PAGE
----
I couldn’t tuck my kids into bed last night without crying. They had chocolate cake for Shabbat, a shower, toothbrushes and warm beds.
Where are our boys? Do they have blankets? Have they had dinner? Did they get any rest? Have they been allowed outside? Do they even know Shabbat has come in?
Are they together, and does this give them strength? Can they support each other, encourage each other, reassure each other? Or have they been separated, injured, tortured, or worse?
Our boys – all of our boys – they’re her son, your nephew, my neighbor. Israeli children belong to all of us. So much so, in fact, that this phenomena explains strangers demanding that mothers put socks on their babies in the mall. Or at the park. Because they’re cold. Because that baby belongs to everybody.
So do these boys.
This morning, we had pancakes. Tear-streaked pancakes while my children asked me why I’m sad. I have no answer for them; there is chronic suffering worldwide, and we still cook meals and entertain children and go to work…..yet this particular horror tears every inch of me to shreds.
Have our boys had anything to eat? I feel I should stuff my children to the brim, symbolically.
They were stolen from a place I frequent. It’s down the street from my supermarket. I never considered for a second that it was a dangerous place. It’s 20 minutes from my house. There’s a cherry orchard nearby. I hardly label it a war zone. Yet, here we are.
Few pictures have been released of the three teenagers who were on their way home from their dorms for the weekend. I saw one last night. A gingy in braces. Braces. Thoughts of orthodontist appointments flooded my mind. What shall his mother do, in the coming days, if he is not returned? Does she call and cancel his next appointment? When they ask if she’d like to reschedule….what is she to say? To feel?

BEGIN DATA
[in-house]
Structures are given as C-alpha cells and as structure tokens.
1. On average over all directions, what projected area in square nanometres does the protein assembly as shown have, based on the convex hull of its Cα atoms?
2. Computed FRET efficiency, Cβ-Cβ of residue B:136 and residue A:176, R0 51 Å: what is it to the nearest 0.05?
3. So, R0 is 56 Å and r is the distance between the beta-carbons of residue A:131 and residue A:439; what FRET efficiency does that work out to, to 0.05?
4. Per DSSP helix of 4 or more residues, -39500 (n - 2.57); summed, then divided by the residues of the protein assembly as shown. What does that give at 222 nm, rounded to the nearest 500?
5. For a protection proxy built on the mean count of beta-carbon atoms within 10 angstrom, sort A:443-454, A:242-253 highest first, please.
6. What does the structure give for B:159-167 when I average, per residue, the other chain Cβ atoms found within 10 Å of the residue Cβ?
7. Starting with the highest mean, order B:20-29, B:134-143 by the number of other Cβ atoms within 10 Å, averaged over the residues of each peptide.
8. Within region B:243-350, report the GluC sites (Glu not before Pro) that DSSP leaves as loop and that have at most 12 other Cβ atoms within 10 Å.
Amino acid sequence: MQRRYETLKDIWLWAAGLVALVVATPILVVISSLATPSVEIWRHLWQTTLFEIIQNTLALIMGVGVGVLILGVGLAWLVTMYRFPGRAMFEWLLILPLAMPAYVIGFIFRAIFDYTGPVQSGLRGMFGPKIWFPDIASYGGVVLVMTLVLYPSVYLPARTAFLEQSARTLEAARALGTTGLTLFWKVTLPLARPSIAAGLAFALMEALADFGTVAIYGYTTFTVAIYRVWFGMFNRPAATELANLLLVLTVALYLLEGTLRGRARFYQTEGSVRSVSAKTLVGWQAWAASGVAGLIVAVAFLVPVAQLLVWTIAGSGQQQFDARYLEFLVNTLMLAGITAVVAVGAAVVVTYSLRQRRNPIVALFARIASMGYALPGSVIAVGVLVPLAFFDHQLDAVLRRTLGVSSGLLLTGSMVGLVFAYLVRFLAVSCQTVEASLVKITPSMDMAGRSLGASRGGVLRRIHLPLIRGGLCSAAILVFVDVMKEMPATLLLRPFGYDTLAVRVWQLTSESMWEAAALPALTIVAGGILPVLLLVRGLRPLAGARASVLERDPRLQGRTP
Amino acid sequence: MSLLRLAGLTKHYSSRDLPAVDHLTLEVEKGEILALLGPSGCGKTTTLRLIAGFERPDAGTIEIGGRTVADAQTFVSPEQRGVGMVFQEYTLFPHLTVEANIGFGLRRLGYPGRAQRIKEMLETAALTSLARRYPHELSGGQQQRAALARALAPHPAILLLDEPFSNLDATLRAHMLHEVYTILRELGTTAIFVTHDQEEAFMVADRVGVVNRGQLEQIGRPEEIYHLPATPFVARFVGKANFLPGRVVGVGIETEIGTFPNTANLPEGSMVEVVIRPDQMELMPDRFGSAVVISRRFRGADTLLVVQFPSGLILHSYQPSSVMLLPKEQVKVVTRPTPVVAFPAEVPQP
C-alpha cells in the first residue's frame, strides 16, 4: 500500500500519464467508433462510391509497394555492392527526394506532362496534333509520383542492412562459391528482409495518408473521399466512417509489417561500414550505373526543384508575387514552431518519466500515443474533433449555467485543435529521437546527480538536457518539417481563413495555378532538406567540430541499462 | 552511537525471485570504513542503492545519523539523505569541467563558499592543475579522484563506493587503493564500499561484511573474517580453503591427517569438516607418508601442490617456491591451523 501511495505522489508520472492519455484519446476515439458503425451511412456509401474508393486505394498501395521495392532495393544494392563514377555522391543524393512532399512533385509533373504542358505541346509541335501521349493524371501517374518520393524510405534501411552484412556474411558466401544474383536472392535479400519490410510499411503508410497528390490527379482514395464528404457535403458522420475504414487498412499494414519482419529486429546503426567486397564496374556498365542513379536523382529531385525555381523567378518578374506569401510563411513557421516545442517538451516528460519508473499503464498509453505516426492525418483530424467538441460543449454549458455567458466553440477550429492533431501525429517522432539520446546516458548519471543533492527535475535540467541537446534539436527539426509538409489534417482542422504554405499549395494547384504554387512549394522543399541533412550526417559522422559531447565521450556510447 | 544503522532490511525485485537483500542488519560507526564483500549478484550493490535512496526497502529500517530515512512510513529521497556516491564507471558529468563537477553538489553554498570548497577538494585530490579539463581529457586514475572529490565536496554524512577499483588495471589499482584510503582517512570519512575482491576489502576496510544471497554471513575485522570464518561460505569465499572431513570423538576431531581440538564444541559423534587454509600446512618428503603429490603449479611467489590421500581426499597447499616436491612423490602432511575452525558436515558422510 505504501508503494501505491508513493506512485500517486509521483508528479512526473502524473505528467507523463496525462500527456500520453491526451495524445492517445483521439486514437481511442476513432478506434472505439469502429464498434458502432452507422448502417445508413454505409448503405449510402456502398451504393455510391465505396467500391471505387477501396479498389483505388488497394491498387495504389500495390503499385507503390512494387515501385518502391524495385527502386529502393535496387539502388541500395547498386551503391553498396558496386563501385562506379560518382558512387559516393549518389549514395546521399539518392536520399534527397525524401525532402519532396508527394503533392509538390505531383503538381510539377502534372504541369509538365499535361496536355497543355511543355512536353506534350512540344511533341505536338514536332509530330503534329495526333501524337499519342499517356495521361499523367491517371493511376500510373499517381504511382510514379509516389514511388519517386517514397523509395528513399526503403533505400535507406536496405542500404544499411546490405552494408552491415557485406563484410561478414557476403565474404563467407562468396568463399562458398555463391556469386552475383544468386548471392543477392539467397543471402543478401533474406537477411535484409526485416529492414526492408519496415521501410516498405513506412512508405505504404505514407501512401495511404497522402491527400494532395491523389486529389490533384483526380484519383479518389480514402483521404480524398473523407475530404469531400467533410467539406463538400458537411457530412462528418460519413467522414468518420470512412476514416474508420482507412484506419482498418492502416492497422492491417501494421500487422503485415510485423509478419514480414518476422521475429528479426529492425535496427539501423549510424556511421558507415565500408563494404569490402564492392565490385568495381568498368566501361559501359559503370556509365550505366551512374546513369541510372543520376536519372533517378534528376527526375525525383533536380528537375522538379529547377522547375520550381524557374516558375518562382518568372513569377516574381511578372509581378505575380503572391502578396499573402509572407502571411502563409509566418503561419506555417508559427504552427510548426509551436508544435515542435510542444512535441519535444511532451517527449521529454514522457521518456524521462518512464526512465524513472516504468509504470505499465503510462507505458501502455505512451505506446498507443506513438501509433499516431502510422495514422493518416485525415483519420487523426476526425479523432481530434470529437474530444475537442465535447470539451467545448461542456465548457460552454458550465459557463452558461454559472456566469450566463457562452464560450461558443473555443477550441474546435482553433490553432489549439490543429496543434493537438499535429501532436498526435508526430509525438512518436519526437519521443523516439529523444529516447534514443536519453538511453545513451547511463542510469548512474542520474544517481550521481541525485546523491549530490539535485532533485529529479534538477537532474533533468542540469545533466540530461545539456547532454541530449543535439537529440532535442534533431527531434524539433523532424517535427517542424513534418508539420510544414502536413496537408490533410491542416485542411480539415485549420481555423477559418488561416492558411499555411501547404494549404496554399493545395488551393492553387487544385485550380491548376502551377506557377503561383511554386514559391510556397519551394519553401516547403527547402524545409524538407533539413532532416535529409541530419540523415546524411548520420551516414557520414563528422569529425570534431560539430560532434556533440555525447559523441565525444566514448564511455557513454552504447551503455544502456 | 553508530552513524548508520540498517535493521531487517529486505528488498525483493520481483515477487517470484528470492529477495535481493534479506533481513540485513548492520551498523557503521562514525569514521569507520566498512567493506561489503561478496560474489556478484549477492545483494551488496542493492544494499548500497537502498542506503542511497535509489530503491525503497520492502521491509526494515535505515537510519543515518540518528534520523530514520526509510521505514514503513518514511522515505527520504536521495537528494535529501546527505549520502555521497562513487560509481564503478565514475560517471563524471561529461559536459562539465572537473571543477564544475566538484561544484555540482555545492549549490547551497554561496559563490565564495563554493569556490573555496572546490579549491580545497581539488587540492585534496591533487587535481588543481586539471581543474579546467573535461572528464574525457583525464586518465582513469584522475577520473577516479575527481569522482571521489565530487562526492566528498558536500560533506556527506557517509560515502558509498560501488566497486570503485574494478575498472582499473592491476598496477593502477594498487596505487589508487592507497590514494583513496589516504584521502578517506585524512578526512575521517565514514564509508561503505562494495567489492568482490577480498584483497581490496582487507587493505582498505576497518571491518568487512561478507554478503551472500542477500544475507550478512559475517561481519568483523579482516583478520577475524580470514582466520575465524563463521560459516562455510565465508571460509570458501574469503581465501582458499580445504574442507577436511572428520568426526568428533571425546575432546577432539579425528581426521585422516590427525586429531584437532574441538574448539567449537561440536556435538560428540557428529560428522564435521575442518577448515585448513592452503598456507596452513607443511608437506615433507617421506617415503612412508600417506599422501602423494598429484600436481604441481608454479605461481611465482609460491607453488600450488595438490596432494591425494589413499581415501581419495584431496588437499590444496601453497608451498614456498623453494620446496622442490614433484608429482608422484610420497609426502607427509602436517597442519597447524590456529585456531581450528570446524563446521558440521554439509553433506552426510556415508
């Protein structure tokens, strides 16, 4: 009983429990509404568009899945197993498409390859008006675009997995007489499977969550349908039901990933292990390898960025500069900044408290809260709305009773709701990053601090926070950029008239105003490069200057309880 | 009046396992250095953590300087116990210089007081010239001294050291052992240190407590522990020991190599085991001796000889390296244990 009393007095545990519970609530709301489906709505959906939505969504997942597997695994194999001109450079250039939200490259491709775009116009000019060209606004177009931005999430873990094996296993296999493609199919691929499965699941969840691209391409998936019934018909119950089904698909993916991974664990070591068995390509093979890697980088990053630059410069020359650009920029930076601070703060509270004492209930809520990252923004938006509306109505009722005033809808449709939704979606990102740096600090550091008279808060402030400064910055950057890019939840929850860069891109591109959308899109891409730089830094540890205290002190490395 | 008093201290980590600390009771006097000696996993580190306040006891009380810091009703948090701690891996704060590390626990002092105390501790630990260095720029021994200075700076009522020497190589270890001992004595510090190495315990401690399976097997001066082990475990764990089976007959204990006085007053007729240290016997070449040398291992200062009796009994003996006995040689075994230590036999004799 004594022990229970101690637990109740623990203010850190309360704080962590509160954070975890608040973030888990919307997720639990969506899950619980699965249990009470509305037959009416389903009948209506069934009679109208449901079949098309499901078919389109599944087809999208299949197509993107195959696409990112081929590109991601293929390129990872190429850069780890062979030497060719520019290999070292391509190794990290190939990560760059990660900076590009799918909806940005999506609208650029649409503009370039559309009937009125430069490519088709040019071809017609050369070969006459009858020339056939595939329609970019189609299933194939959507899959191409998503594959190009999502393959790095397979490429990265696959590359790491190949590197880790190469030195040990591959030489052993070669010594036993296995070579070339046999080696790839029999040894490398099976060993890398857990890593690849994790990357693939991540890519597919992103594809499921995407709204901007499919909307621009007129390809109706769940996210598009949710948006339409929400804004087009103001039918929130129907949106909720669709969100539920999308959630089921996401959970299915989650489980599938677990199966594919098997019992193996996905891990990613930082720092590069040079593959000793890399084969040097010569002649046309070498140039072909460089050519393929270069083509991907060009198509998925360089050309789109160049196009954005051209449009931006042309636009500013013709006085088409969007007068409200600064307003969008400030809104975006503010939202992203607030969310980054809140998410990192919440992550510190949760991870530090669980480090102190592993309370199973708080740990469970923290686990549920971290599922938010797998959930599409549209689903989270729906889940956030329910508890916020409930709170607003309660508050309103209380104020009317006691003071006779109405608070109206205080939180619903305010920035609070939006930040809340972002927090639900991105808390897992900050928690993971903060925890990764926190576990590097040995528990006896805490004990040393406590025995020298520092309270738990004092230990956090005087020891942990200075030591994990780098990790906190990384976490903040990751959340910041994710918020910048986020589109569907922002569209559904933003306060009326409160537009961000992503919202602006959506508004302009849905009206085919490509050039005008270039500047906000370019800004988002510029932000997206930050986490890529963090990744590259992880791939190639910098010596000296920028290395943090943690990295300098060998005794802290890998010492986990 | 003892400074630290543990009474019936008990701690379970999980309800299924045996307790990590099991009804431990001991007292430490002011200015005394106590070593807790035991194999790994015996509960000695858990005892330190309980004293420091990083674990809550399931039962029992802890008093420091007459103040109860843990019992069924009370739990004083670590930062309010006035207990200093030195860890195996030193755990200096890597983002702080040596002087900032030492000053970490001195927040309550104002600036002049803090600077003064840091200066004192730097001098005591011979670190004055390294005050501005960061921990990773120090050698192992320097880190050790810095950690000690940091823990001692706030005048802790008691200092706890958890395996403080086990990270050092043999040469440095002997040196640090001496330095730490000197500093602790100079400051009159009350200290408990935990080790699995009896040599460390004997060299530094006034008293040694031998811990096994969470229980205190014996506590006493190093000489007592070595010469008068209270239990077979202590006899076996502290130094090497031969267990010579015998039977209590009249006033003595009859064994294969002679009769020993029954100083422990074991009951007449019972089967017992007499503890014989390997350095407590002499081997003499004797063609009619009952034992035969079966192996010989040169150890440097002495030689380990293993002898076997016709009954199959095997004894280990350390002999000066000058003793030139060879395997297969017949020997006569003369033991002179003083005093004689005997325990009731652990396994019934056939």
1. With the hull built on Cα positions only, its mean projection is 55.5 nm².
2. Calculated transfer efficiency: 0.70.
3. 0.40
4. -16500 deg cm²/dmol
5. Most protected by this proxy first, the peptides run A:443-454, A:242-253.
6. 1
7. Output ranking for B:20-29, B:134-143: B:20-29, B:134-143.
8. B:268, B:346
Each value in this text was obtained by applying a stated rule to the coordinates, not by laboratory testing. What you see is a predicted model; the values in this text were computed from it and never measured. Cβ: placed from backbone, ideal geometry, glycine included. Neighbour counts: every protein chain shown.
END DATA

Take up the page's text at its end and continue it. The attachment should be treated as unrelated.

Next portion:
If this were my son, I would offer the kidnappers anything their hearts desired to return my son. The release of every prisoner ever captured. The Golan. My left arm. A kidney. My life. The politicians are responsible for making unimaginable decisions — what are these boys’ lives worth when held against the precedent we consistently set? Take our sons and you receive thousands of your own, in trade. We make no such offer, and we lose Gilad, Eyal and Naftali. Since I cannot look their mothers in the eye and tell them it’s within my power to return them, yet I’m electing not to, to save future potential lives, does that make me a bad statesman, or a good mother? It’s a heart-wrenching, impossible choice and today I am grateful it’s not mine to make.
These boys are not soldiers. They have no training on what to do, how to cope, what to say and how to manage. They are high school students who have a big test on Monday. What thoughts must be occupying their minds? I’m grateful that they are observant boys. At least they have faith. I’d have nothing.